The appellant was convicted by a jury of theft by taking and appeals the judgment contending the evidence varied from the proof and the circumstantial evidence was insufficient to rule out reasonable hypotheses of innocence. We affirm.
1. The indictment charged theft of a J. C. Penney television, serial number F66230410, of the value of $139.95. The only proof concerning the stolen item showed it to be a television, with a serial number and value exactly as charged. There was no proof offered that the television was a "J C. Penney" brand. This lack of proof amounted to a variance, but a variance is not fatal unless it misinforms the defendant or leaves him open to subsequent prosecutions for the same offense. See DePalma v. State, 225 Ga. 465 (169 SE2d 801)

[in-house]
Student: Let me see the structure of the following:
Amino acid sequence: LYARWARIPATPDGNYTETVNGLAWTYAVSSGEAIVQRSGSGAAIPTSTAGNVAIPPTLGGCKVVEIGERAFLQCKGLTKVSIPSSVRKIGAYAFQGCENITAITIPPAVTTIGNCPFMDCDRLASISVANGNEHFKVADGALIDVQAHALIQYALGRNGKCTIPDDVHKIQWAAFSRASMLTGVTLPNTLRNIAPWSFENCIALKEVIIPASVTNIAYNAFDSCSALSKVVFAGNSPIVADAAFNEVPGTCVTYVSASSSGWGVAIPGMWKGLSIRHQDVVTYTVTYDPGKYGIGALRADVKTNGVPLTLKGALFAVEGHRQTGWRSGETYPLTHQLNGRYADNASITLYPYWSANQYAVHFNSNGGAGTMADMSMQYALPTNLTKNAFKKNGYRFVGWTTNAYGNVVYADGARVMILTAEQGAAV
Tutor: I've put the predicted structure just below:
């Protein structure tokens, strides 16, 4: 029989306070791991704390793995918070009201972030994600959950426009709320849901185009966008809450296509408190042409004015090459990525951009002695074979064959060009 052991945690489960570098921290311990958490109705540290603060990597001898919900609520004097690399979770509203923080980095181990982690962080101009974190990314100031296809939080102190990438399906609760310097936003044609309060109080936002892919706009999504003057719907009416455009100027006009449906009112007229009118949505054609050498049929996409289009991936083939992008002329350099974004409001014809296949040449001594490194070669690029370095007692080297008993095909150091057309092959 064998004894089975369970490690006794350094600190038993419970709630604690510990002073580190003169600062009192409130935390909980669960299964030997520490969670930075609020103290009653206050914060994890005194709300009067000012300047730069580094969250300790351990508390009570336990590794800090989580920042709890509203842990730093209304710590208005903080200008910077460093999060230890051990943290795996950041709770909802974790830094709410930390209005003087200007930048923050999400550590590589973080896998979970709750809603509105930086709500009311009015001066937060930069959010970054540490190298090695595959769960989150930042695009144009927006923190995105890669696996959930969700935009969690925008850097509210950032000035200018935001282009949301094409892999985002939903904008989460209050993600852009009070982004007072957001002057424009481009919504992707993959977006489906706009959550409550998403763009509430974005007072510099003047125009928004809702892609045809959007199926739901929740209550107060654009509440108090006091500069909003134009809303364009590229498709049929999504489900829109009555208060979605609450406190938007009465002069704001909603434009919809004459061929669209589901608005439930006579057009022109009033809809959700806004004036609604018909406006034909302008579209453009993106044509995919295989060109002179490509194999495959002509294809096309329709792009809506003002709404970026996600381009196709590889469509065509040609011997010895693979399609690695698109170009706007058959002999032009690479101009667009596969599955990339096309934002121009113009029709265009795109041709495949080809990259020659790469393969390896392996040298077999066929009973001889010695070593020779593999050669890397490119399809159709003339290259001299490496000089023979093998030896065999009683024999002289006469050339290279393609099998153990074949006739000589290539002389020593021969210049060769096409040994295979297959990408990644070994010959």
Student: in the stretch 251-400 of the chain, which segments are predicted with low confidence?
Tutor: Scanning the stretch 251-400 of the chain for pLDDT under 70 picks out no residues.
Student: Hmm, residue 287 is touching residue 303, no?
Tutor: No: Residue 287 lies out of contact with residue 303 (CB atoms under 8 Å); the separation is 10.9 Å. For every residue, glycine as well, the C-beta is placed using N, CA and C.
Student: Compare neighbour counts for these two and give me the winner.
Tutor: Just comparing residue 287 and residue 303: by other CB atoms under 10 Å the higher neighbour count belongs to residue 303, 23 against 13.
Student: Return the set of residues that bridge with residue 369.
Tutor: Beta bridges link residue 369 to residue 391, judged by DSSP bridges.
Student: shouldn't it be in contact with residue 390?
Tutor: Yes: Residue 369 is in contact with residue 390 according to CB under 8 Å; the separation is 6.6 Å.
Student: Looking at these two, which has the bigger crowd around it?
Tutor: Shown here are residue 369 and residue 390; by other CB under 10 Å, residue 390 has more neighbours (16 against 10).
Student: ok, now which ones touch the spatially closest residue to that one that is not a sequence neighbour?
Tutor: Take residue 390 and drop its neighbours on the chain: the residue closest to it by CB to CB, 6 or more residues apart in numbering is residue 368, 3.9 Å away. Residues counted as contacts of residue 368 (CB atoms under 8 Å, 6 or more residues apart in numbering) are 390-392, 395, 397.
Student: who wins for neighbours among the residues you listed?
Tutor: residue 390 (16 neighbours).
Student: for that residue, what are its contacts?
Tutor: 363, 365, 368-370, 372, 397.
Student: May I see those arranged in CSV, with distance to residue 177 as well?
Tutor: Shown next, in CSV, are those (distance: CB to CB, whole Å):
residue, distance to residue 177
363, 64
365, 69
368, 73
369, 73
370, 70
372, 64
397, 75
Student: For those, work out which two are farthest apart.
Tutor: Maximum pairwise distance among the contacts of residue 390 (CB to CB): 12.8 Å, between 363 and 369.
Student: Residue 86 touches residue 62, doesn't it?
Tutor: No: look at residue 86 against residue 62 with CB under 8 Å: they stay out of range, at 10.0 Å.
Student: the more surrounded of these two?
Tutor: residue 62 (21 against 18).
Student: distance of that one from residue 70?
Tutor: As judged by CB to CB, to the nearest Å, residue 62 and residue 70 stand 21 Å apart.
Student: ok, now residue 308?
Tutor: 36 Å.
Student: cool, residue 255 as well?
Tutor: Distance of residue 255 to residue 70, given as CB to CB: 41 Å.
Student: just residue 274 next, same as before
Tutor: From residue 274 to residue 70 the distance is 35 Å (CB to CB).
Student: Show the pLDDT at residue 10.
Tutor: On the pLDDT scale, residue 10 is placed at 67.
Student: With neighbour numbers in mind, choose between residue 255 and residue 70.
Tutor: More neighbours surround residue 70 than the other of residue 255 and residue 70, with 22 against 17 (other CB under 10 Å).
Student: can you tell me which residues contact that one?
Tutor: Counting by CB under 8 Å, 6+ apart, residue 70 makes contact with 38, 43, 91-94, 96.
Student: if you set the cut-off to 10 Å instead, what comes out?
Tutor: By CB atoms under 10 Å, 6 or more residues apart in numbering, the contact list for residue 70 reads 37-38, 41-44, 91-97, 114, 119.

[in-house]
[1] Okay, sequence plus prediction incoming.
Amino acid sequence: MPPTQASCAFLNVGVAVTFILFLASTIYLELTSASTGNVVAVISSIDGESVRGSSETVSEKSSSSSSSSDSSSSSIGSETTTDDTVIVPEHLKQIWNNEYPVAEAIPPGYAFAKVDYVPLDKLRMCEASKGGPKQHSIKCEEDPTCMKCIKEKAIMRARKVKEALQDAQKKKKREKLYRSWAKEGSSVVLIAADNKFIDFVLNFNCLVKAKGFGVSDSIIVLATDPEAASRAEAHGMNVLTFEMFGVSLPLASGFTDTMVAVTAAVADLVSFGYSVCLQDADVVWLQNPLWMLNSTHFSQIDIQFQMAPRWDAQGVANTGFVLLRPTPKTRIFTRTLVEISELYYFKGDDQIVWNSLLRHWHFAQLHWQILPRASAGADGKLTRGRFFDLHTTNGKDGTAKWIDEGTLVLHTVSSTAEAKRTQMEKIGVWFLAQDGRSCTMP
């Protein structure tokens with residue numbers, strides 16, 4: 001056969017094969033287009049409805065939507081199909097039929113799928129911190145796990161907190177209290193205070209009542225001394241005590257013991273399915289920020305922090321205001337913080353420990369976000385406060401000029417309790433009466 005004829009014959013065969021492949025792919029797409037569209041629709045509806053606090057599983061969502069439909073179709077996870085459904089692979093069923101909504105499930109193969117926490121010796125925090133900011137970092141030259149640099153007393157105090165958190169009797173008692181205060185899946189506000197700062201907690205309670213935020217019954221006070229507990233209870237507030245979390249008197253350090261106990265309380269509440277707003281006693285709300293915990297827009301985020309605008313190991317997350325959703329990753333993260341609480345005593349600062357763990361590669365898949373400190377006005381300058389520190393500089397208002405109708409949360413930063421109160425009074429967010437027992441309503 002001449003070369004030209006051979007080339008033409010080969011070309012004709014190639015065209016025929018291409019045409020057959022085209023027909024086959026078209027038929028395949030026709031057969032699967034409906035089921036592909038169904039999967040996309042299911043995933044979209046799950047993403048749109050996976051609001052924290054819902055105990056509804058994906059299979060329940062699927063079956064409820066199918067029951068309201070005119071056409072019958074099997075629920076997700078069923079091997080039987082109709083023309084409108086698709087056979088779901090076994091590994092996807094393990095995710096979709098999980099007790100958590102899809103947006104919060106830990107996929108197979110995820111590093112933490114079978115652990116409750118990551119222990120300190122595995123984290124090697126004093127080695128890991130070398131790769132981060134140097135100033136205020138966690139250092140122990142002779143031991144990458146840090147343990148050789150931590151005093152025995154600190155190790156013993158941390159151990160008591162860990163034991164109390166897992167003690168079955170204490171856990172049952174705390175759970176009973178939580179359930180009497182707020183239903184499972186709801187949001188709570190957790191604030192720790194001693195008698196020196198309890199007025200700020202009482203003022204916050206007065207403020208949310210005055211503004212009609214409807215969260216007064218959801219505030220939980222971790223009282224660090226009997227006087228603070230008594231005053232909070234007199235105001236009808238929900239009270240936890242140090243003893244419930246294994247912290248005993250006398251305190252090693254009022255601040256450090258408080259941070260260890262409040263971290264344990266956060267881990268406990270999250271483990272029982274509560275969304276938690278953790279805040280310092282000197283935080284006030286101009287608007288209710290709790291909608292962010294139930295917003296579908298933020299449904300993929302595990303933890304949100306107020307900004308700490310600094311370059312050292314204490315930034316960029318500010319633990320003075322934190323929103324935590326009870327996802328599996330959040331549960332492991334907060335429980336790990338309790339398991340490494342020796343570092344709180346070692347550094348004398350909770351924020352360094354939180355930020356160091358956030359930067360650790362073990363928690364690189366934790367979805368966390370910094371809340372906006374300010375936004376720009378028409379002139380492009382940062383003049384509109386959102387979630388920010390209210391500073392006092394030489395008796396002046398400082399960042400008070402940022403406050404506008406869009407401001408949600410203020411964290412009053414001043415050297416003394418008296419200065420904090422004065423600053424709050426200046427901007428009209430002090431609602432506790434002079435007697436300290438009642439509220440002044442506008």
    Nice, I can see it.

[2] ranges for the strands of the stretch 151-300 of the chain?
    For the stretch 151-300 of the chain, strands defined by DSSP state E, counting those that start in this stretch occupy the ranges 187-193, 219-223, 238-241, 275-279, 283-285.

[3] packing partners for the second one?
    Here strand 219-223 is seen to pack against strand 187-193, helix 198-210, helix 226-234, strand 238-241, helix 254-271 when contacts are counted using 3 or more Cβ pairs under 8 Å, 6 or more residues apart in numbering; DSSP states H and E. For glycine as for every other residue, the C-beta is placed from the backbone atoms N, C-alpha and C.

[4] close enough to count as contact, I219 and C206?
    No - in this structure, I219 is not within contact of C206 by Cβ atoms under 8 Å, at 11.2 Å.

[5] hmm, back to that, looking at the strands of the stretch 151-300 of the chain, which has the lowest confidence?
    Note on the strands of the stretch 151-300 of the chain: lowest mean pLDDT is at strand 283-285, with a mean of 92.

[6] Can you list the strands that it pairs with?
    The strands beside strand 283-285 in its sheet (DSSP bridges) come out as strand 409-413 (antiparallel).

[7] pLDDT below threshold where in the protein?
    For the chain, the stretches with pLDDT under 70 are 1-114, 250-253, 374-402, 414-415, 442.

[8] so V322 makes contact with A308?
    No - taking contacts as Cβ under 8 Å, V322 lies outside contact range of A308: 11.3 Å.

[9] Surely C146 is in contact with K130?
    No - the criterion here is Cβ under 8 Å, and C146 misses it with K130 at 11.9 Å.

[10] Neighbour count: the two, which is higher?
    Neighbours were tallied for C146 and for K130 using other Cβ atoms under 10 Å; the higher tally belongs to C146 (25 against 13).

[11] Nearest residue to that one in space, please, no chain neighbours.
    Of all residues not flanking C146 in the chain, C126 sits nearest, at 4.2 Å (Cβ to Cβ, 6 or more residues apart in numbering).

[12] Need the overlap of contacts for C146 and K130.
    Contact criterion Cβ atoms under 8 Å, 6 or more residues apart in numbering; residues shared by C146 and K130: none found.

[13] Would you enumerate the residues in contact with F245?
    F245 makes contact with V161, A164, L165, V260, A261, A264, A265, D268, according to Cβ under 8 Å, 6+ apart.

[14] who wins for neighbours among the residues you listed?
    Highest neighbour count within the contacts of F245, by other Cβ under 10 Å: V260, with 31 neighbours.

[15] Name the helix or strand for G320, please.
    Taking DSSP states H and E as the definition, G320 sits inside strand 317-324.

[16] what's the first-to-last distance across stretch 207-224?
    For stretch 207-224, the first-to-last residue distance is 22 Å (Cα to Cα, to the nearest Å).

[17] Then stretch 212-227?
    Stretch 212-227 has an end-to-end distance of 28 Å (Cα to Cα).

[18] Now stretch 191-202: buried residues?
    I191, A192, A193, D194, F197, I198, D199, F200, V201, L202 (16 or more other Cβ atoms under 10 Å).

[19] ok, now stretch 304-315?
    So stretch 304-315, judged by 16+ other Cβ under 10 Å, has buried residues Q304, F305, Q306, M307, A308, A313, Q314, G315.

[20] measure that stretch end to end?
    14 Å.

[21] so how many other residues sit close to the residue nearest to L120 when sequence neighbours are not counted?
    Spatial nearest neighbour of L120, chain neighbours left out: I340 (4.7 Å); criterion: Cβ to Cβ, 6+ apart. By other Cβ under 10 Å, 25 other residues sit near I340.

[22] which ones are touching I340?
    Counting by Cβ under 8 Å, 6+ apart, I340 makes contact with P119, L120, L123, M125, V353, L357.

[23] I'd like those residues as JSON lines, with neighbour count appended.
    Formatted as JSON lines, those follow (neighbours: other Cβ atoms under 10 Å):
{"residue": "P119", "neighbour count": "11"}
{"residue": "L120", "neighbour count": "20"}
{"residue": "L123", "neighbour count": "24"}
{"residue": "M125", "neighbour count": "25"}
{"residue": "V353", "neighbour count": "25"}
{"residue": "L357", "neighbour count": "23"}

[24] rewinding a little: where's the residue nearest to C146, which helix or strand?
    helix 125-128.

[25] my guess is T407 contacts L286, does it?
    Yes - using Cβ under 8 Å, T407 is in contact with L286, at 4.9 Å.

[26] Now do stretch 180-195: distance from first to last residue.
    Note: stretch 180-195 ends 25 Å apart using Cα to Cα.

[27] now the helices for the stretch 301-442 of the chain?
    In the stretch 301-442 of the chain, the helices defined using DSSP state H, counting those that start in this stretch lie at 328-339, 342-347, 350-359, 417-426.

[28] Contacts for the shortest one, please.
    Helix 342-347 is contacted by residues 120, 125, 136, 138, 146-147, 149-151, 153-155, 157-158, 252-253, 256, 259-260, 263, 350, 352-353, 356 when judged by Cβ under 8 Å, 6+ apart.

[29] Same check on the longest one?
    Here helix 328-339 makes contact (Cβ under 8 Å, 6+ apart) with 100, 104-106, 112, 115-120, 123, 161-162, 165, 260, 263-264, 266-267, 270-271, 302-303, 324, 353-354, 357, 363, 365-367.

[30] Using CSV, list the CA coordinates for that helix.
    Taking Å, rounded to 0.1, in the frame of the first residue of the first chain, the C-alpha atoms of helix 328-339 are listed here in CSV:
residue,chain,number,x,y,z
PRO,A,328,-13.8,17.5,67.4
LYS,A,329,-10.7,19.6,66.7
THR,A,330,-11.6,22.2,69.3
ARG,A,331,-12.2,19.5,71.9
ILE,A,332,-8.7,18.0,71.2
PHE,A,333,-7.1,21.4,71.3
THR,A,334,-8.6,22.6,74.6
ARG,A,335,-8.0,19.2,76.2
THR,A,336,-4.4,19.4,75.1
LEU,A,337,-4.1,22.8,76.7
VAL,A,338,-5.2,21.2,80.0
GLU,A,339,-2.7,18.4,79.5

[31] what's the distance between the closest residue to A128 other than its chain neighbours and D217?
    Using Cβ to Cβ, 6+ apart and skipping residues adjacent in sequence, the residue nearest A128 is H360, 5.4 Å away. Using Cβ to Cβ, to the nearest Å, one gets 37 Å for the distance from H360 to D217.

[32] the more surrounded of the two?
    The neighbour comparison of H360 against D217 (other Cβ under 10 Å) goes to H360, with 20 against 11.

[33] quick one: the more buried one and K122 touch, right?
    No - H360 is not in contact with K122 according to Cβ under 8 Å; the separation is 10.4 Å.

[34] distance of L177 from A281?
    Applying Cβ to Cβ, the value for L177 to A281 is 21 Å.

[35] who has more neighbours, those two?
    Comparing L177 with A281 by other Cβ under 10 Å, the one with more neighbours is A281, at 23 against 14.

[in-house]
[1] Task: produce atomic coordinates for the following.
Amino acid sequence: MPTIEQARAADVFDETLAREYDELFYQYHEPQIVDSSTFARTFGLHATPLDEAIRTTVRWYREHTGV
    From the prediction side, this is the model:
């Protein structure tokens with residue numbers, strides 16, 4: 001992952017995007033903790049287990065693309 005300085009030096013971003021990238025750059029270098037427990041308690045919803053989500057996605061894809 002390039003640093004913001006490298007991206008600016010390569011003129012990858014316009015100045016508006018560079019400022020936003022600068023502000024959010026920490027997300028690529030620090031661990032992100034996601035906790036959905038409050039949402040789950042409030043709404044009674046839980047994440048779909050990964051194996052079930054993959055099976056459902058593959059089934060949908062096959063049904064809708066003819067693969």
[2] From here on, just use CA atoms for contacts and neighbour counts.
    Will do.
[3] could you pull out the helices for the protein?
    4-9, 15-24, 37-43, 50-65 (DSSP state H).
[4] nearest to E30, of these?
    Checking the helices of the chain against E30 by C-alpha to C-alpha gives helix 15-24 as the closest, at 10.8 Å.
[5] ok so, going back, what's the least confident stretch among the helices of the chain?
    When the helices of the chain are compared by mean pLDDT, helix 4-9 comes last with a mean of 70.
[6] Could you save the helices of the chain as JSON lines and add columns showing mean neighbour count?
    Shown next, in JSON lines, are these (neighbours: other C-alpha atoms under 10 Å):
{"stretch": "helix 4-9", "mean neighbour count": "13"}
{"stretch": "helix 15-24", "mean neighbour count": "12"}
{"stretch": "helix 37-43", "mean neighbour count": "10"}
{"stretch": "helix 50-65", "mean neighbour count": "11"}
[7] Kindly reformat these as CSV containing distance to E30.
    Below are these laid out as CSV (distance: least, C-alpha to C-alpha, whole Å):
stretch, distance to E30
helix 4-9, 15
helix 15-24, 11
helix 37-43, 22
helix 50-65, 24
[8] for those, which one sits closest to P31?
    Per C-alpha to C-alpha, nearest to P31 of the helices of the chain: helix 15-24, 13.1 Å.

and Dobbs v. State, 235 Ga. 800 (221 SE2d 576)
incorporating the test of Berger v. United States, 295 U. S. 78, 82 (55 SC 629, 79 LE 1314). The question is whether there has been such a variance as to affect the substantial rights of the defendant. Foster v. State, 142 Ga. App. 805
(Smith, J., dissenting). The proof here conformed with a nine-character serial number, as well as with the general description of the stolen item, and it cannot be said that the substantial rights of the defendant were prejudiced.
2. The evidence supported the verdict. The jury was fully and correctly instructed that it must rule out every reasonable exculpatory hypothesis which might explain the defendant's conduct. Although such hypotheses were advanced, the jury was authorized to conclude that they were not reasonable.
Clayton Jones, Jr., for appellant.
William S. Lee, District Attorney, Loring A. Gray, Jr., Assistant District Attorney, for appellee.